Present-day capital of the Russian Federation, Moscow was capital of the Russian state from the end of the fifteenth century until 1712, and capital of the Soviet Union from 1918 to 1991. Jews were first mentioned in connection with Moscow in the fifteenth century. During the reign of Tsar Ivan IV (the Terrible; r. 1533–1584), Jews were forbidden to enter the region of Muscovy. They first appeared in Moscow during the Russian–Polish war of 1645–1667, some converting to Christianity and remaining in the city.
In 1702, Abram Rot opened one of the first pharmacies in Moscow, and during the first decades of the eighteenth century Jewish merchants visited the city frequently. Jewish workers—for example, a ritual slaughterer named Shmerl’—lived permanently in the so-called German quarter. A small number of Jews settled in Moscow after the First Partition of Poland (1772), but after other merchants complained, an imperial decree in 1791 prohibited Jews from registering in the merchant class of the interior guberniias (provinces). Consequently, Jews could come to Moscow only for short periods.
Spice box. Moscow, 1880s. Silver: forged, soldered, filigree work. Ukrainian Museum of Historical Treasures, Kiev. Photograph by Dmytro Klochko. (MIDU Inv Nr DM-7373. Ukrainian Museum of Historical Treasures, Kiev)
After 1827, when Jews began being drafted into the military, a permanent Jewish population made up of soldiers and their wives began to grow in Moscow. In 1846, there were 313 Jews living in the city (253 men and 60 women). In 1828, Jewish merchants of the first and second guilds (the levels being distinguished by the value of a member’s stock) were given the right to remain in the city for one month at a time. In 1832, Jewish merchants of all guilds were granted permission to stay for up to half a year. However, they could reside only in Glebovskoe podvor’e (an inn), and were subjected to heavy fees and harassment by the Moscow city administration. During the reign of Tsar Alexander II (r. 1855–1881), Jews who were first-guild merchants, holders of university degrees, discharged soldiers, pharmacists, dentists, and midwives received the right to live anywhere in the city. In 1871, there were about 8,000 Jews; in 1880, there were 16,000 (of whom 8,025 were officially registered).
By 1861, soldiers had established three informal Jewish houses of worship in Moscow. At the end of the 1860s, a plot of land was allotted on which the Dorogomilovskoe Jewish cemetery was established. Rabbis in the community included Ḥayim Berlin (1865–1869), Shelomoh Minor (1869–1892), and Iakov (Ya‘akov) Maze (1893–1917). The first Moscow synagogue and a TalmudTorah (middle-level religious school) were founded in 1871, and in 1872 the Moscow Jewish School for Poor and Orphaned Children was established. In 1865, Jewish students at Moscow University created a mutual aid fund. The first circles dedicated to promoting Jewish settlement in Palestine appeared in Moscow in the 1880s. Thus in 1881, a Bene Tsiyon circle was established under the leadership of Rabbi Maze.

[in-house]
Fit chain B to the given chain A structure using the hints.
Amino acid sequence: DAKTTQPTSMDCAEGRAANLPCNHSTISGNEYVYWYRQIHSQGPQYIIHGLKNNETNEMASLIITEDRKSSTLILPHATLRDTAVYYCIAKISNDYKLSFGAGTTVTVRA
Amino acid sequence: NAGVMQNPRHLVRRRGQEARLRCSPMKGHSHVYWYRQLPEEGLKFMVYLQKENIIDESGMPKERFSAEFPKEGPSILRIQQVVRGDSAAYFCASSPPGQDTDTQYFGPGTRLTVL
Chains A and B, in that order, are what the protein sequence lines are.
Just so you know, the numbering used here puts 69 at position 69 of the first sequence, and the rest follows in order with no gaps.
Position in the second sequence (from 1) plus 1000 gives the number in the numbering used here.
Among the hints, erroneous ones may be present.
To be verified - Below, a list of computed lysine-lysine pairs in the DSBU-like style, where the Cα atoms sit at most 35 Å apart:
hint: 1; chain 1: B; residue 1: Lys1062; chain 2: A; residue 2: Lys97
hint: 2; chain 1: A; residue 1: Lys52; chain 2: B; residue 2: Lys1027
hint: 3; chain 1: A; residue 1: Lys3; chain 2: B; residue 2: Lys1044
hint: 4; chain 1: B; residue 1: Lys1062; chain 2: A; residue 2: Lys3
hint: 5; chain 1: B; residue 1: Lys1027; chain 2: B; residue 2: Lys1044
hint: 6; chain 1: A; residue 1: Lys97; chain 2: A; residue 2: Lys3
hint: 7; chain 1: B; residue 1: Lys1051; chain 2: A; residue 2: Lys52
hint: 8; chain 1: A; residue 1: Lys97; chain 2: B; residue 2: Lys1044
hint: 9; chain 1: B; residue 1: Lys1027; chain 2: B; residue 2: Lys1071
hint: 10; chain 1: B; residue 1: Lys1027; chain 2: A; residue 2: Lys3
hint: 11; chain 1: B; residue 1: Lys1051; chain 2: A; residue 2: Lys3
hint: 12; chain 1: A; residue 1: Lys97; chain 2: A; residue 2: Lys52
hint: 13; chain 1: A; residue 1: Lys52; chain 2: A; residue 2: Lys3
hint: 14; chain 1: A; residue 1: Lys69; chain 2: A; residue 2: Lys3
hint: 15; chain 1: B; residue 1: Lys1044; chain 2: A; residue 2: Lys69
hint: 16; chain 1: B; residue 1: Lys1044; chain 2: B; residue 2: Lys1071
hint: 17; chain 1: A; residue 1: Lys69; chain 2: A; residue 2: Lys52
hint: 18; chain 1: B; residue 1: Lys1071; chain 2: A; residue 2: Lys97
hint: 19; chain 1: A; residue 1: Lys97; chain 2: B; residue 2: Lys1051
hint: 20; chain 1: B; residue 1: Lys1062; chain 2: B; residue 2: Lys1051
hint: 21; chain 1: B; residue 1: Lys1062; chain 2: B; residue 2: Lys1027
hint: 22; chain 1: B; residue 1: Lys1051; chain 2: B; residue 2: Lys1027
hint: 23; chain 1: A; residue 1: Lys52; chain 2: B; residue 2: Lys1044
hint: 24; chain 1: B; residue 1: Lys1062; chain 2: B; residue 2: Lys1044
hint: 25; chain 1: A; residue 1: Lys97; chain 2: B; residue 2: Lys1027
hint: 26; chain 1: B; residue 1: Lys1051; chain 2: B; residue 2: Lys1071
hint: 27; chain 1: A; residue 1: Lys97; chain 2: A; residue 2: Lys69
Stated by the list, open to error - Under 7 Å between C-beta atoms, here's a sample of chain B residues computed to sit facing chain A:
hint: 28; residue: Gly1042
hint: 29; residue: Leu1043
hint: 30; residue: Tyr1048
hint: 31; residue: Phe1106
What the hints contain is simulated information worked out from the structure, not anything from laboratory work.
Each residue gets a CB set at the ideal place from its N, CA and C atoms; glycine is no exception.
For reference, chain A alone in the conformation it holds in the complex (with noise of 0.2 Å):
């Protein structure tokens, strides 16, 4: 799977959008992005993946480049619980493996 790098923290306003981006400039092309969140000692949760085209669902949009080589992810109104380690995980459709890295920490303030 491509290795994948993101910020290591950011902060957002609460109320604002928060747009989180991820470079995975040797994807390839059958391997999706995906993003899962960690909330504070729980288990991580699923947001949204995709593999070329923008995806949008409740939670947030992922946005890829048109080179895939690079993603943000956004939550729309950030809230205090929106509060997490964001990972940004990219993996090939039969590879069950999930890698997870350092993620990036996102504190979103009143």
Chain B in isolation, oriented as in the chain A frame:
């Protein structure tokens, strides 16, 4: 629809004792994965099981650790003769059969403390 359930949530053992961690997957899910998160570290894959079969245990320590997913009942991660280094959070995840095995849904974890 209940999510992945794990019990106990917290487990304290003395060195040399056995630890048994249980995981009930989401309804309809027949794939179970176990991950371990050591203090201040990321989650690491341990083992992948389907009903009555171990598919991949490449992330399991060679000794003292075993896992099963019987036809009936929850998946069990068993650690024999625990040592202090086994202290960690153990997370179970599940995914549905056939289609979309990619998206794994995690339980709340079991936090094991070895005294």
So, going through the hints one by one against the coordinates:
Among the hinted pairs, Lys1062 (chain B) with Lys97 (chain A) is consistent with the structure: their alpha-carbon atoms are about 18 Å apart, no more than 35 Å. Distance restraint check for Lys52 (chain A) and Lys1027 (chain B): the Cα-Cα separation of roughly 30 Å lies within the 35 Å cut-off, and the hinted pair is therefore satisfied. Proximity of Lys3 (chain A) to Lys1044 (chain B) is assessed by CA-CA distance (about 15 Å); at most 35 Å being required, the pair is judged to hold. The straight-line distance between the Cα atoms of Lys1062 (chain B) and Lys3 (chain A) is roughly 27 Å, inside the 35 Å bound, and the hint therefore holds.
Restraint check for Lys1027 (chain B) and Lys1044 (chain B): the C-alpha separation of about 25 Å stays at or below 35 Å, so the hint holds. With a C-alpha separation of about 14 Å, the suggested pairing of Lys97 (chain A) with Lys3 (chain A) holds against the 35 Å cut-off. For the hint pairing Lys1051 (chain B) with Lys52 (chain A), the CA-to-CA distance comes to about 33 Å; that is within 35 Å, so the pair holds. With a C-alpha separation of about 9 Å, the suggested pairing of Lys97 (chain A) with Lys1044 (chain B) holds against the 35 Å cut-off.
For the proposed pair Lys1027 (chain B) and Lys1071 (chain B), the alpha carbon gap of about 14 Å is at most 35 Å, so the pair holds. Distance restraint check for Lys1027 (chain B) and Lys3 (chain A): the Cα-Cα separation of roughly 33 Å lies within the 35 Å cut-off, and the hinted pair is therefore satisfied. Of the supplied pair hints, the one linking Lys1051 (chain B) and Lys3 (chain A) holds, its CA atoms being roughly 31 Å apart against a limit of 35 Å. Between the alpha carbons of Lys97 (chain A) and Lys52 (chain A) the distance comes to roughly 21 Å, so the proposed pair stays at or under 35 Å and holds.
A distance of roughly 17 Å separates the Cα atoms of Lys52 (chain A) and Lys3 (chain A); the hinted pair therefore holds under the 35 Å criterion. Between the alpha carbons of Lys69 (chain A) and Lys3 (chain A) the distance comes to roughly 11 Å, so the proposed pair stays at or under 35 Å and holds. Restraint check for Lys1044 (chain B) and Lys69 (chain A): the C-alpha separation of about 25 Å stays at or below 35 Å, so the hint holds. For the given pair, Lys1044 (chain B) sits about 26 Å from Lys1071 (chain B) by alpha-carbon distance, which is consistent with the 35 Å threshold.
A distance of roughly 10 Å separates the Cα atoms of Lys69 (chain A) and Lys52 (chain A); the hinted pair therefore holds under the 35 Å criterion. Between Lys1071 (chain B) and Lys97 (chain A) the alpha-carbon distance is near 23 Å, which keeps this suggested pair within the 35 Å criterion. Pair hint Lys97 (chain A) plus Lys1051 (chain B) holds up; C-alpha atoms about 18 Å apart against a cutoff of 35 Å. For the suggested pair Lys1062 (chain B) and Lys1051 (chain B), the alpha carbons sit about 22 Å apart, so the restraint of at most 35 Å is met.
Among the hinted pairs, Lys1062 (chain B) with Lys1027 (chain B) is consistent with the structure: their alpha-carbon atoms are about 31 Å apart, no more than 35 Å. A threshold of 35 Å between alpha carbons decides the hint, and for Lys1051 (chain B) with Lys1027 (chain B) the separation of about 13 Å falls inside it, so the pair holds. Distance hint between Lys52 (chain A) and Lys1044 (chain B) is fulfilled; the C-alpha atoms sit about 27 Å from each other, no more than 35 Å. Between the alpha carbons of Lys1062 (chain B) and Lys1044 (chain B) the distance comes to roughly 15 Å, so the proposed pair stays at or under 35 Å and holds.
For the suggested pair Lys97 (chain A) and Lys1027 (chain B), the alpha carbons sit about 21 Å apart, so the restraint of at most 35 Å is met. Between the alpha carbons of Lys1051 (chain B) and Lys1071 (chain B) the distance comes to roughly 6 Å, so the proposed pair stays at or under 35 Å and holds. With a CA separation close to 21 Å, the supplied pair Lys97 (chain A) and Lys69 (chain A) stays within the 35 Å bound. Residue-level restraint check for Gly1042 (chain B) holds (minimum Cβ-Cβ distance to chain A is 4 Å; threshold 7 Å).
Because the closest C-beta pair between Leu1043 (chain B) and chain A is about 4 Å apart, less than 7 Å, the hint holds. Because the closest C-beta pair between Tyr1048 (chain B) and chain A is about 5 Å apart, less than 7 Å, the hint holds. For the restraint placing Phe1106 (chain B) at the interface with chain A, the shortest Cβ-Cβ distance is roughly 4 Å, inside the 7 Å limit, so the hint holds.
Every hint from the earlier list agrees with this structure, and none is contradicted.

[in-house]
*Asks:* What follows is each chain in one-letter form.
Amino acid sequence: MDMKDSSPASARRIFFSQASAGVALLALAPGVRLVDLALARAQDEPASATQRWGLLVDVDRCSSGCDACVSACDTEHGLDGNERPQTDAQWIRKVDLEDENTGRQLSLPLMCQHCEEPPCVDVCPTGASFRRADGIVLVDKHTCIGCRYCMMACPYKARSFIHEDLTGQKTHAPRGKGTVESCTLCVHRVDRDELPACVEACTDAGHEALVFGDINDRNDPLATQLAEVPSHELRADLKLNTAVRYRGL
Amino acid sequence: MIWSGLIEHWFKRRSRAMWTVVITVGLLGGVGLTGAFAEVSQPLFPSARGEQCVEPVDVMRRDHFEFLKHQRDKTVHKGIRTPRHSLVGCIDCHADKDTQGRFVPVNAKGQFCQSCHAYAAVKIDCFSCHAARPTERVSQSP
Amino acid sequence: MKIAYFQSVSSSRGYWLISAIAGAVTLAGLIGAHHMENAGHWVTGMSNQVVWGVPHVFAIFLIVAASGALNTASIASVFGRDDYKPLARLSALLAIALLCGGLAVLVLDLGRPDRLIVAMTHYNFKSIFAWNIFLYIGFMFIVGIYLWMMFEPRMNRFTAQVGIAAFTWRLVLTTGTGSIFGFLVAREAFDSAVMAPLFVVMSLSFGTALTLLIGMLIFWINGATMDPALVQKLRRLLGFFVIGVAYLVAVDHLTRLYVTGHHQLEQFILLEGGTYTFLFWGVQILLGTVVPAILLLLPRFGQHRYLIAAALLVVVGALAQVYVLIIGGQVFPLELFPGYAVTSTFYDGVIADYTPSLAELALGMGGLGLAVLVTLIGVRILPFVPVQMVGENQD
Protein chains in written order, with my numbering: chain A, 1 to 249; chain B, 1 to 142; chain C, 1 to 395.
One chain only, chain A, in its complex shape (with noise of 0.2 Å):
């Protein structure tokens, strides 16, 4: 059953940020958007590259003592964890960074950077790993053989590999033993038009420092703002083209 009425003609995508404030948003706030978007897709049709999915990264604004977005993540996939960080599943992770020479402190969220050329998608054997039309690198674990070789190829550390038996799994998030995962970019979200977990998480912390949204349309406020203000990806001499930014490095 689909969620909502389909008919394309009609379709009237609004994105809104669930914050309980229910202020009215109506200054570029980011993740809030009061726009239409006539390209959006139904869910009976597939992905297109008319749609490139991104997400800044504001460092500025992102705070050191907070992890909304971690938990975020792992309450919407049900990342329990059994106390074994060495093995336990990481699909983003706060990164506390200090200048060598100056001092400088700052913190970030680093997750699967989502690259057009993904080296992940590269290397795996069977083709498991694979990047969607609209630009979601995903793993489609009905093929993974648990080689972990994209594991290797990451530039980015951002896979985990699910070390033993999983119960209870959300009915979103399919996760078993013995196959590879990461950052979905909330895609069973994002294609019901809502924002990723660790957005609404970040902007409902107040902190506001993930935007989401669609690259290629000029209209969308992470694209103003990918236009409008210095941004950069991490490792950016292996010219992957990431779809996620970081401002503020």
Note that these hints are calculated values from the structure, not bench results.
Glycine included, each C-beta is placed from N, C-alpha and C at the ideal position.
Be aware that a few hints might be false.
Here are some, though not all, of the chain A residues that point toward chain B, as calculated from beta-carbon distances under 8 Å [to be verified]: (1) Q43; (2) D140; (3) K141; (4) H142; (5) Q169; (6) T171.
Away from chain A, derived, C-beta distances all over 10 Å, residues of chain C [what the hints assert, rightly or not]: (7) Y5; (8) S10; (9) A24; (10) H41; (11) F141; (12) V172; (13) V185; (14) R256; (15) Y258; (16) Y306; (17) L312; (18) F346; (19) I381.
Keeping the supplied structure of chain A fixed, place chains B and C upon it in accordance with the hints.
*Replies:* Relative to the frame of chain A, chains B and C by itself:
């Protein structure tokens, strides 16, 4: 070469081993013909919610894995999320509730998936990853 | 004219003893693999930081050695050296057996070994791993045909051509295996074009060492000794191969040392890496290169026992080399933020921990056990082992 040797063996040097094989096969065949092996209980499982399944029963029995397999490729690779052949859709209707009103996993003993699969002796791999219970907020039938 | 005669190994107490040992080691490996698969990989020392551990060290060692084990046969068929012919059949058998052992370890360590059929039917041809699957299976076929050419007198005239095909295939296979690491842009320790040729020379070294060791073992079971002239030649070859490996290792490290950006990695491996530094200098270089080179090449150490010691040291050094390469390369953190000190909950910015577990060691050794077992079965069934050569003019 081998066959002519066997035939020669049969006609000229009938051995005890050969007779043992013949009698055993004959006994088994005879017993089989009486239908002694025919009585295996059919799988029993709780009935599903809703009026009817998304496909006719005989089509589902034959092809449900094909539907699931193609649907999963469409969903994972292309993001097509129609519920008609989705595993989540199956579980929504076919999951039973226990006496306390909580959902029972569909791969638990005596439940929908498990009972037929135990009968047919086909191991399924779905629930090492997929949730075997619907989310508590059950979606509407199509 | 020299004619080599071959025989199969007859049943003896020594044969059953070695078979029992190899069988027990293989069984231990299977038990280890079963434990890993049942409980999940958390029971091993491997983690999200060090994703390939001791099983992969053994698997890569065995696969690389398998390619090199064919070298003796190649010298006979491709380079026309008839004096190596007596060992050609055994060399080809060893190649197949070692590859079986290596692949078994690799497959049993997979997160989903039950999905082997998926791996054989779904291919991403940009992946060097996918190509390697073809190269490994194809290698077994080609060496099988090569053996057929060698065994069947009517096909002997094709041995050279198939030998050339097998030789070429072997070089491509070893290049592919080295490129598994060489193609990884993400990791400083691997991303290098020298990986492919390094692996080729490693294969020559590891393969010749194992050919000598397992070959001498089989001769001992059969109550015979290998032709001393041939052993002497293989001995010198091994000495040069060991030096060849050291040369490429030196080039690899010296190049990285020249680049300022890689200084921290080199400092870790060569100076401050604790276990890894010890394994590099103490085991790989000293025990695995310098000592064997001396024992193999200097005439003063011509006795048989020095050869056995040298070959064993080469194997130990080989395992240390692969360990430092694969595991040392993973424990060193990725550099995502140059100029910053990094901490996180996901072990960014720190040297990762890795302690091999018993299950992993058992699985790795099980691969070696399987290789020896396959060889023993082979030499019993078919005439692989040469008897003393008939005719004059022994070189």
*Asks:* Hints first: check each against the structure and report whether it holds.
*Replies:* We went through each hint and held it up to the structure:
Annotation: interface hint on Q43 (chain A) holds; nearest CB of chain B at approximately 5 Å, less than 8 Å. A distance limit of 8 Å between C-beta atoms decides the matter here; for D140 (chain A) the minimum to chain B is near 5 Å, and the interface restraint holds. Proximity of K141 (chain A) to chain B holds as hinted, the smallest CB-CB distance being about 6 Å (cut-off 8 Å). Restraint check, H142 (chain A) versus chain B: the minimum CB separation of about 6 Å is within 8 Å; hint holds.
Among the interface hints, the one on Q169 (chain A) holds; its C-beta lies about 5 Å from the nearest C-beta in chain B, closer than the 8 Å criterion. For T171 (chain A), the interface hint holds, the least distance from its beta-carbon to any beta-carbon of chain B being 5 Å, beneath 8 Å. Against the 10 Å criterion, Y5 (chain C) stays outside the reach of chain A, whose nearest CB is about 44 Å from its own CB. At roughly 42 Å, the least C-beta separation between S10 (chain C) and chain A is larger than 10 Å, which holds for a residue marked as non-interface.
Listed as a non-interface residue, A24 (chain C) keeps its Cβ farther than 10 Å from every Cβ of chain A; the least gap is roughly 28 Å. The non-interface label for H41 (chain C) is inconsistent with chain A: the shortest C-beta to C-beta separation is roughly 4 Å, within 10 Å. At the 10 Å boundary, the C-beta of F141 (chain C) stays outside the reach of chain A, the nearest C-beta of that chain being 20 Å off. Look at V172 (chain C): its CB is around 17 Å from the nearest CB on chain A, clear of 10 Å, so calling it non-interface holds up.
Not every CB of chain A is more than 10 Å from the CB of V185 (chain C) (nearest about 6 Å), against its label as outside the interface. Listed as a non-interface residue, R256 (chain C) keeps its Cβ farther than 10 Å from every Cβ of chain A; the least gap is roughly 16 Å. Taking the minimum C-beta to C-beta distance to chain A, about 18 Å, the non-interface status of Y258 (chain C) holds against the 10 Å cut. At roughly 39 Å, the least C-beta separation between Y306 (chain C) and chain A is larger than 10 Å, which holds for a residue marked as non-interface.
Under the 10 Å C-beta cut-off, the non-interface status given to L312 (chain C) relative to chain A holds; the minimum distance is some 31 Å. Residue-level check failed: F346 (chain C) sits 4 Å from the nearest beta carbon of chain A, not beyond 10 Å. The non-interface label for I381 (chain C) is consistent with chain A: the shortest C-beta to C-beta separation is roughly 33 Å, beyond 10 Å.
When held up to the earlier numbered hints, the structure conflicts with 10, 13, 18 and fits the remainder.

During the 1890s, the importance of Jews in the economic life of Moscow increased sharply. In 1898, Jews owned 29.3 percent of the capital declared by first-guild merchants. The city’s largest banker and entrepreneur was Eli‘ezer (Lazar; Leon) Poliakov. Its major entrepreneur and merchant was Kalonymus Wissotzky, who created the world’s leading tea firm. When antisemitic political tendencies intensified after the ascension of Tsar Alexander III (r. 1881–1894), there was a drive to expel Jews from Moscow. This change in policy was delayed and modified when the city’s merchants and factory owners insisted that Jews were useful as agents for Moscow’s businesses in the western provinces.
Members of the Baicher family, Moscow, 1890s. Aron Baicher (seated, left), a dealer in wood and construction materials, served in the army for 25 years and then received a permit to settle in Moscow. He reportedly fathered 17 children in a first marriage and 26 children in his second marriage. (Centropa)
In 1891, the new Choral Synagogue opened on Solianka Street. At about the same time, Grand Prince Sergei Aleksandrovich was appointed governor-general of Moscow. He declared his basic goal to be “to save Moscow from the Jews.” In March 1891, an imperial order announced the expulsion of all Jewish artisans, and on 15 October 1892 a similar order was directed toward the descendants of discharged Jewish soldiers from the time of Nicholas I. Within a short time, about 20,000 Jews were expelled from the city. In June 1892, the Choral Synagogue was closed down, as were 8 of 14 prayer houses. The synagogue was reopened only on 1 June 1906. According to the 1897 census, 8,095 Jews lived in Moscow. An imperial decree of 4 July 1899 ordered that the number of first-guild Jewish merchants residing in Moscow and Moscow guberniia not exceed 33 percent of all first-guild merchants in the area. Meanwhile, increasing numbers of Jewish students were attending institutions of higher education. In 1886, a total of 298 were listed; in 1912, about 1,000; and in 1916, about 3,000.